I’d also had the chance to spend time with Uber’s Head of Operations Ryan Graves, in my mind the singular prototype for this next generations of operations generals. Undoubtedly multiple HBS case studies will be written on Uber and I’m sure one of them will focus on Ryan. We couldn’t be happier that he’s an advisor to our fund as well. Double Boom.

Now 18 months in, we’ve seen several Homebrew companies invest meaningfully in operations team but Shyp really stands out.

  • Shyp identified and hired a Head of Operations before seed funding had even closed.
  • Head of Operations sits at the Big Table, not downstream of strategy decisions.
  • Accordingly the Operations team is filled with smart, experienced best athletes having pulled hires who cut their teeth at Groupon, Rent the Runway, Birchbox.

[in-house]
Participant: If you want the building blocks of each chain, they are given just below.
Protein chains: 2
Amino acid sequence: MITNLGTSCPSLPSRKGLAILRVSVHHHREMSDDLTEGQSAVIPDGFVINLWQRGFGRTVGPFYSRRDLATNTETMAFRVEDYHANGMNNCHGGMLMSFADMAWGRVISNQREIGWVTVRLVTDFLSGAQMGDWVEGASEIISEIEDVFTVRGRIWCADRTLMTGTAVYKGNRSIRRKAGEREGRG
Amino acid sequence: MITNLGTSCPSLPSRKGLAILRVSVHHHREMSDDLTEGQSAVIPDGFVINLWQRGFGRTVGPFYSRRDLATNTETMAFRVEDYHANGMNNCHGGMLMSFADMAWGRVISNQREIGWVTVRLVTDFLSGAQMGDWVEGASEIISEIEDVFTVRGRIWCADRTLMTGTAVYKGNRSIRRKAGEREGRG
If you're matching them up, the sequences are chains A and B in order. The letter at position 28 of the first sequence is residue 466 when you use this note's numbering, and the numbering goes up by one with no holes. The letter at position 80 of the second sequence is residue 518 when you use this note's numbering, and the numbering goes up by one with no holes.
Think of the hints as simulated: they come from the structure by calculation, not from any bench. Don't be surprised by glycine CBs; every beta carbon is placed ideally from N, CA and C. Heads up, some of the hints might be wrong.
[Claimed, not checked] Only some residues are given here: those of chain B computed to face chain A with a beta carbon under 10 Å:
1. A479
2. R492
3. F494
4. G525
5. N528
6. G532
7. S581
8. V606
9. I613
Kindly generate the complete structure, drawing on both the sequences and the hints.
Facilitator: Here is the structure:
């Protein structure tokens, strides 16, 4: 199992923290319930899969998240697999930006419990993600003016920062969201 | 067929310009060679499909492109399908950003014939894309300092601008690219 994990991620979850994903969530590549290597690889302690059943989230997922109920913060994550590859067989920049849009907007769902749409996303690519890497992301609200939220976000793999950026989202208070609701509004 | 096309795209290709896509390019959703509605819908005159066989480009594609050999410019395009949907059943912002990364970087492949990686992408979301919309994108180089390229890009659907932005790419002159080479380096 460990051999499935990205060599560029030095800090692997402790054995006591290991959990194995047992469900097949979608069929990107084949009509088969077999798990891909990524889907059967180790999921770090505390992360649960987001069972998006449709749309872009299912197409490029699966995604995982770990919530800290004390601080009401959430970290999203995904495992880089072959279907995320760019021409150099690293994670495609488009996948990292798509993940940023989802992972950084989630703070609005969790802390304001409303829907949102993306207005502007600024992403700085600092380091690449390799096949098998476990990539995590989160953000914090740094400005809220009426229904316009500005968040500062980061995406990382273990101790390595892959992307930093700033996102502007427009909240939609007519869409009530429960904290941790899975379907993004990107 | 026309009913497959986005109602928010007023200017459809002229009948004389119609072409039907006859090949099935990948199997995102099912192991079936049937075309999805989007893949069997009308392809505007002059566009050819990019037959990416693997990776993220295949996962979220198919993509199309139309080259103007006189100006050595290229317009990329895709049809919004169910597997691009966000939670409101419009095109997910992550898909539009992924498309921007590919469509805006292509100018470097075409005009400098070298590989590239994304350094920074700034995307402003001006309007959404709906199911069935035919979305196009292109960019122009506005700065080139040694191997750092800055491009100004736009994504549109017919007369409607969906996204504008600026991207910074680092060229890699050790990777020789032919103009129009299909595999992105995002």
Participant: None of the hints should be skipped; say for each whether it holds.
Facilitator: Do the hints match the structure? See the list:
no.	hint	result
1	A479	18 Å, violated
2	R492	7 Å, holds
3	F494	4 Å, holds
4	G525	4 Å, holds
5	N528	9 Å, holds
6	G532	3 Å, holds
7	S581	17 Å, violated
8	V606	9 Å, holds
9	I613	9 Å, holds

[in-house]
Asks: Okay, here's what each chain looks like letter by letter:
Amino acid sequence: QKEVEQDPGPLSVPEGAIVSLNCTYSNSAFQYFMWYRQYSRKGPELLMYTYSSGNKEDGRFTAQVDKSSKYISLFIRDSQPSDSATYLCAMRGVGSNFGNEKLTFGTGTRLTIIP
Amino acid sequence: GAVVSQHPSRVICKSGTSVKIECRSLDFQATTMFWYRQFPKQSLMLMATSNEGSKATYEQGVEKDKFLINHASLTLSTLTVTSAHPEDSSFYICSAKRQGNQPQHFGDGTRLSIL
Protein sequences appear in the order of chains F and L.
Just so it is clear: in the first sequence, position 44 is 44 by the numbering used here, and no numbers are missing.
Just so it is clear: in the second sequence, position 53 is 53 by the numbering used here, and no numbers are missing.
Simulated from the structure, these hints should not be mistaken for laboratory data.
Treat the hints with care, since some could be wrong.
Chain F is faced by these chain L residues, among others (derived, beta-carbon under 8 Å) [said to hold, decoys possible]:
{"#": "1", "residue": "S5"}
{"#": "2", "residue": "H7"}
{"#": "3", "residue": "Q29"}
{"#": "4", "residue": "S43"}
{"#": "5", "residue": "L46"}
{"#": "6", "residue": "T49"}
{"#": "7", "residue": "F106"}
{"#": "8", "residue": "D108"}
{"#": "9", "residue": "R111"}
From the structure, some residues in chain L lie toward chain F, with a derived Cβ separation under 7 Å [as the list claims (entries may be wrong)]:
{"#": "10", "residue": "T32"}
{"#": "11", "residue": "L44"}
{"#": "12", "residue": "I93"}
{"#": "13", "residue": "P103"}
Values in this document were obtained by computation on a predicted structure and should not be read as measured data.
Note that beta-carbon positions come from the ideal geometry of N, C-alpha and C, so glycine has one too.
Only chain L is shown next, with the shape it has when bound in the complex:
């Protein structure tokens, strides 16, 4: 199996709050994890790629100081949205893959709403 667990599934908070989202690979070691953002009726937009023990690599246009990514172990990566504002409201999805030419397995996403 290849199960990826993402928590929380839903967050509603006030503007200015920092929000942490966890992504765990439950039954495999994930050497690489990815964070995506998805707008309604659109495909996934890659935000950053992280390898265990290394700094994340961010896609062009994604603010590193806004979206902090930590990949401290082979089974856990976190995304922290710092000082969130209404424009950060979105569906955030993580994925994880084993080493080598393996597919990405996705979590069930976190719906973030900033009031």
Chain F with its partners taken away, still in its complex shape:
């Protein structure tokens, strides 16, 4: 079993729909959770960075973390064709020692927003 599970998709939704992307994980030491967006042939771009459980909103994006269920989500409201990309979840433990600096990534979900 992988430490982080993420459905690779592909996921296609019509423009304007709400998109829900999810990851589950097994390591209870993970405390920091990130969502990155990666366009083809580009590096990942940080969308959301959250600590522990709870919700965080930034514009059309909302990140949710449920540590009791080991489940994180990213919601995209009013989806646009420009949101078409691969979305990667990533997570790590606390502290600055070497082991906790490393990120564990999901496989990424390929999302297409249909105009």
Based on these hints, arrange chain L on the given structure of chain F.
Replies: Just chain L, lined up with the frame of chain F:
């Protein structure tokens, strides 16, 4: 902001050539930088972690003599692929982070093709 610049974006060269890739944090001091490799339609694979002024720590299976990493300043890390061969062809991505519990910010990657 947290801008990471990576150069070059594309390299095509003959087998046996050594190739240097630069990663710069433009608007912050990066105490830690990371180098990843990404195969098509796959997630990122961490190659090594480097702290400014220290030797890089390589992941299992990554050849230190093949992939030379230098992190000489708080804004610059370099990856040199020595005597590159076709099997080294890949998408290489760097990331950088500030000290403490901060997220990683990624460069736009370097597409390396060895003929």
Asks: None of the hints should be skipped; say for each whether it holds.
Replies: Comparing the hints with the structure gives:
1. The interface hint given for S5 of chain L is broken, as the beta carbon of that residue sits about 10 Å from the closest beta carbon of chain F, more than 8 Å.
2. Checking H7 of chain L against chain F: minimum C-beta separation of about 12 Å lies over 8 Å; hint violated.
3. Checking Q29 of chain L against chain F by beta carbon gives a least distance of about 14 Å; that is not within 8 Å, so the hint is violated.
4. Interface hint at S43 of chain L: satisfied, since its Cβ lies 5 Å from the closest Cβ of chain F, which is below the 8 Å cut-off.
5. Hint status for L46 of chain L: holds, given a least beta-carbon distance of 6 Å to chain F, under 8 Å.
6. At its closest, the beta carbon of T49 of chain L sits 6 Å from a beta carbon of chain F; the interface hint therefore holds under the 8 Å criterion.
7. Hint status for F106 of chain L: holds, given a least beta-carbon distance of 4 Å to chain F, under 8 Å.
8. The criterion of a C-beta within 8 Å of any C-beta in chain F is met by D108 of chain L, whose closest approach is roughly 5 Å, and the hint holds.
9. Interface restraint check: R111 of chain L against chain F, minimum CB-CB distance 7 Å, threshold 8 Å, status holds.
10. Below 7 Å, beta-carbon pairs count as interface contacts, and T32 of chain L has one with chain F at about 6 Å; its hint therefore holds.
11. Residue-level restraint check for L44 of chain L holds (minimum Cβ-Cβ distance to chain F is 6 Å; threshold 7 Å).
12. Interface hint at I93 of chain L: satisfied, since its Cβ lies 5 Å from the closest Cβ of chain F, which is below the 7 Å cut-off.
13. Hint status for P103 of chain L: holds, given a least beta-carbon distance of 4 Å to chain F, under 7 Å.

• Latest addition – and first expansion city exec – is James Queen who will be the NYC GM.

Shyp’s Ops team is one reason early results are so promising, customers are loving the service and Sherpa committed to lead the A Round. Pixels on screens and packages in hands. That’s the magic combo for Shyp.

Oh and by the way, they’re still hiring in NYC and SF.

Don’t Send a Banker to Do a Founder’s Job: Seed Fundraising Can’t Be Outsourced

I fund young companies. I’ve funded companies that everyone has wanted to fund, and companies that not many people had heard of yet. I’ve funded men and women, first time founders and repeat founders. Enterprise ventures and consumer businesses. Entrepreneurs I’ve met via mutual friends and ones who were a cold email into my inbox. Outside of founder integrity, I have very few absolutes about the attributes of the people and company that will be our next investment. But I’m skeptical I will EVER write a seed check to a company that reaches out to me via a banker or placement agent.